I need some help on my GCSE maths et congrats to all those GSCE and A level poeple. Watch

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honeyloco
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Report Thread starter 15 years ago
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I know you porbably get this alot and some people can be quite mean and persistant. but i would really like some pointers. i'm doing height and weight... the mayfield school. anyone know it?
well you see i know the basics of what to do. obviously. but i'm getting myself all worked up about which graphs i should do and for what

if you only help me in one area could it be persifically about culative frequency and that, the one you group the all together and do some sums and you then do a graph?

Doing the graphs I can do but, i dont know why i'm doing them... what they show me.

i'm sorry to ask.

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#2
Report 15 years ago
#2
(Original post by honeyloco)
I know you porbably get this alot and some people can be quite mean and persistant. but i would really like some pointers. i'm doing height and weight... the mayfield school. anyone know it?
well you see i know the basics of what to do. obviously. but i'm getting myself all worked up about which graphs i should do and for what

if you only help me in one area could it be persifically about culative frequency and that, the one you group the all together and do some sums and you then do a graph?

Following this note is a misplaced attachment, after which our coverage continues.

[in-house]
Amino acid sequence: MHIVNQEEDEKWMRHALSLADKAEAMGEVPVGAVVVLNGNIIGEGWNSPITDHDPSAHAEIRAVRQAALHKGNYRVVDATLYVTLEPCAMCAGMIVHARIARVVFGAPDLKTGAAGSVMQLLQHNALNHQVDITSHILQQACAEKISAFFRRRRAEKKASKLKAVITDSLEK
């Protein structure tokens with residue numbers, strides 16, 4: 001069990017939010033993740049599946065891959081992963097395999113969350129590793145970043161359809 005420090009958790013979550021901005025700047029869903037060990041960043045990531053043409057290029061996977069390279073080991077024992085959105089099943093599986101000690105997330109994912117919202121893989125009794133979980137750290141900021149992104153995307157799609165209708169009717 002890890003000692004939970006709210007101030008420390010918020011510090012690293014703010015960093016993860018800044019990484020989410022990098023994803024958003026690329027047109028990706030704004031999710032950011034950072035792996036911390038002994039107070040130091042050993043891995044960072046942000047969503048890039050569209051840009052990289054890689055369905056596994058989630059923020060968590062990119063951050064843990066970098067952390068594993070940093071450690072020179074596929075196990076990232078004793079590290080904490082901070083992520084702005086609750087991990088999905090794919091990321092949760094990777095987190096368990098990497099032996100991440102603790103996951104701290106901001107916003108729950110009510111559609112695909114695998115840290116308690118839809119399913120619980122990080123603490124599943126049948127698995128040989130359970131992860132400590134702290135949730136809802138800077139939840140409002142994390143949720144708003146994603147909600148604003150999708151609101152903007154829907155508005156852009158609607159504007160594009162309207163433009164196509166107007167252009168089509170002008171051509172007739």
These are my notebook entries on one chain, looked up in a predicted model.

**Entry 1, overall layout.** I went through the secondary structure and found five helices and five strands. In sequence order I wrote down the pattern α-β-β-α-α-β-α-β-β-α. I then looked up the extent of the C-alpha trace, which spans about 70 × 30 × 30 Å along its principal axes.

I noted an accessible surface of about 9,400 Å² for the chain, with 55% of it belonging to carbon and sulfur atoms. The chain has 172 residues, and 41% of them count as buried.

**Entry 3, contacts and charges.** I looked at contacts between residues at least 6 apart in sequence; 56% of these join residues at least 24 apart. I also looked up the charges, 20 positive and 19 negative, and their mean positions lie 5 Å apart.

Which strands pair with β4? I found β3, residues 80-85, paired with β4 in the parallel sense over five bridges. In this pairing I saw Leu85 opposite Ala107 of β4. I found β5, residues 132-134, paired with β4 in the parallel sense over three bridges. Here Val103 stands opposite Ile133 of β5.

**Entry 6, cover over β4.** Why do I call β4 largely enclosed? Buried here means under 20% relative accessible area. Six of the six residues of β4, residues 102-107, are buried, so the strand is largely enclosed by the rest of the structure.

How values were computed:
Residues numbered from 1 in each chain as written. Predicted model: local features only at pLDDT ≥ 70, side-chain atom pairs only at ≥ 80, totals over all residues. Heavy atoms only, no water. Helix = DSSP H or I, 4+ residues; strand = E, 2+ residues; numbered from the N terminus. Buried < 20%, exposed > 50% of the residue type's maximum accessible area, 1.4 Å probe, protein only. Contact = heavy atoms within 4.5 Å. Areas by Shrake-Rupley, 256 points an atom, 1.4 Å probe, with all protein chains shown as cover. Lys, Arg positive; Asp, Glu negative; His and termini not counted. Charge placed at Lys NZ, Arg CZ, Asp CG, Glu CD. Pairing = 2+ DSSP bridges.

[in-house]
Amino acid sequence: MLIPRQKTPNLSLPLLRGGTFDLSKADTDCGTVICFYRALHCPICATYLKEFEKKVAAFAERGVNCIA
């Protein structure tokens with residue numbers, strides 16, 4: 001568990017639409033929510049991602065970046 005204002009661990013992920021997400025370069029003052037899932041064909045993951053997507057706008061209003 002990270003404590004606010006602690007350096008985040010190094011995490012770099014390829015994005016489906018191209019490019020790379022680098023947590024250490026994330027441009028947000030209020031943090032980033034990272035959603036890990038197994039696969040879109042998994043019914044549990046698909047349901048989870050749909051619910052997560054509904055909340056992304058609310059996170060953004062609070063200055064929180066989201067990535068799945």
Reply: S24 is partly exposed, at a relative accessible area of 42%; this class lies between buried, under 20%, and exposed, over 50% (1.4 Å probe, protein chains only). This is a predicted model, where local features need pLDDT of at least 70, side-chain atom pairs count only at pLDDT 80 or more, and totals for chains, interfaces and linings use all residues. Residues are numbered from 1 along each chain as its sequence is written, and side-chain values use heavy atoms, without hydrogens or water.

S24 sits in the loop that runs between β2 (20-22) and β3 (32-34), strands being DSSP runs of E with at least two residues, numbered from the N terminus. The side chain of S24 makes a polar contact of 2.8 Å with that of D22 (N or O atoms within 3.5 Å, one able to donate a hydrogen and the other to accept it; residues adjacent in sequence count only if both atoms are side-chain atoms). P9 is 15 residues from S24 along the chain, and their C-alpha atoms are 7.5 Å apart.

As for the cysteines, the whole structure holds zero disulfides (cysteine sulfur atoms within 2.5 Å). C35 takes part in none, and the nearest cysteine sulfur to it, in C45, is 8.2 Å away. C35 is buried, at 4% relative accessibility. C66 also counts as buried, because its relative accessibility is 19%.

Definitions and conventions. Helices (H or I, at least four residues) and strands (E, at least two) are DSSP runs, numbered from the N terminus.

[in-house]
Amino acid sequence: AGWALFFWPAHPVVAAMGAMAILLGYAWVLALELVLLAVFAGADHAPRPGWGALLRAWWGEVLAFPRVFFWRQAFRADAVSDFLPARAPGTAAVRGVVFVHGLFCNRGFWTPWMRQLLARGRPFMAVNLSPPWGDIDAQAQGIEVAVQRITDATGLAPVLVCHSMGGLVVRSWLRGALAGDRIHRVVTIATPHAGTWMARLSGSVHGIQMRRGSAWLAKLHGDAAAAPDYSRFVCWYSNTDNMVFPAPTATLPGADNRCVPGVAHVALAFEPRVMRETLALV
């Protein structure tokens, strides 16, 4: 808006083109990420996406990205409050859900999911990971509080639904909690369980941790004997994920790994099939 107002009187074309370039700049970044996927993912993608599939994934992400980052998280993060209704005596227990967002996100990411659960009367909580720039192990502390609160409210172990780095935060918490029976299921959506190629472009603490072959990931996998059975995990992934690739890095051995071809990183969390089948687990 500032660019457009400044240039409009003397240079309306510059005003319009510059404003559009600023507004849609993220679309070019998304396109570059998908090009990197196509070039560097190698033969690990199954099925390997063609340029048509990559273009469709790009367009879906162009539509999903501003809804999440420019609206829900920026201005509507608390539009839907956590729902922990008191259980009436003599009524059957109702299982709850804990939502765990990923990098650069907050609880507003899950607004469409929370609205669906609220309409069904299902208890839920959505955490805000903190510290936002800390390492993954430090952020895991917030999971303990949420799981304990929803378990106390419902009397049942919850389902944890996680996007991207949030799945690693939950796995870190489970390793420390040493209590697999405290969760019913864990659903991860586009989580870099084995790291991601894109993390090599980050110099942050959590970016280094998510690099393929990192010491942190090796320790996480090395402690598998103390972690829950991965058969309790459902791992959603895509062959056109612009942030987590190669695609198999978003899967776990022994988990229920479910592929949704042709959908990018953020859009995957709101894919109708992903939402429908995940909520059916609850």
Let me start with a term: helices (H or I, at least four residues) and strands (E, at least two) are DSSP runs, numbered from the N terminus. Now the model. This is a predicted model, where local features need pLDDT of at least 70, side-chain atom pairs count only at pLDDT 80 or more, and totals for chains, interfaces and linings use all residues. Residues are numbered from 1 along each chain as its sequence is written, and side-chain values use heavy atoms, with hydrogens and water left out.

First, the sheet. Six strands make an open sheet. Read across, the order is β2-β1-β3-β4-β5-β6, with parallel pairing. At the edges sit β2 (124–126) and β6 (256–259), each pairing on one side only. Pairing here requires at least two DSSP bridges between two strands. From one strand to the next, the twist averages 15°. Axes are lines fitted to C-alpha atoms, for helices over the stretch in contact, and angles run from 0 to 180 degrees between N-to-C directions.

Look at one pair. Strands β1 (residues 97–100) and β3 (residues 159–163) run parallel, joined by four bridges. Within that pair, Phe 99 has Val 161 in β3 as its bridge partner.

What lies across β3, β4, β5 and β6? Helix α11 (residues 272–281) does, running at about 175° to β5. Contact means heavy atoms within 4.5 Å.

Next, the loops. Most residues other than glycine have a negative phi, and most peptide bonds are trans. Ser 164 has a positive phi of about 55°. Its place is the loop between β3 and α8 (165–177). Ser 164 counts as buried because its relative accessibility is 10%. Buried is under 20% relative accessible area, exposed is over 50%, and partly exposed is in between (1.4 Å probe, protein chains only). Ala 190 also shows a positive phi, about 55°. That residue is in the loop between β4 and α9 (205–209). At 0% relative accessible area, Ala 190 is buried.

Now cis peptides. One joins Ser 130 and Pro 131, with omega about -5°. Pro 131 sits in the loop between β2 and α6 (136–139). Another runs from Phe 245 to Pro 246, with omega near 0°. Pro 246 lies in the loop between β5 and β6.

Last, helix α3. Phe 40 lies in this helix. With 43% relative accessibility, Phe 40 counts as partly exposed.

Doing the graphs I can do but, i dont know why i'm doing them... what they show me.

i'm sorry to ask.

[email protected]
your doing them to show there is a correlation between height and weight. also your showing that there is a natural distribution - ie that more people in the middle, less people at the extremes (less light and less heavy people). To really make the most of using ***. freq. you need to do seperate graphs for boys and girls. As from here you should be able to show that the boys are generally heavier, as they are generally taller or vice versa. You should try to discover the median, and interquartile ranges - from these you should be able to draw box plots. This will graphically show that boys are in generally heavier as the boxplots will be negatively skewed(pushed to the right) for the boys.

Another method to show how closely correlated the data is, is to use a formula called the product moment correlation co-efficient. It uses a series of deviations which gives you an answer which is either +1 or -1. if it is zero is shows there is no correlation. Now you need a stats 1 book to find this formula...

if you didn't get any of this just ignore it - as im not sure what sort of GCSE level you are at.

soz about the lame explantion but i hope you understood the first paragraph at least.
honeyloco
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#3
Report Thread starter 15 years ago
#3
ignore it?!!! no way. that was a huge help. anything else you can add. thats the kind of thing i was stuck on, why i'm doing the graphs, thanks anymore help from anybody will be greatly appriciated
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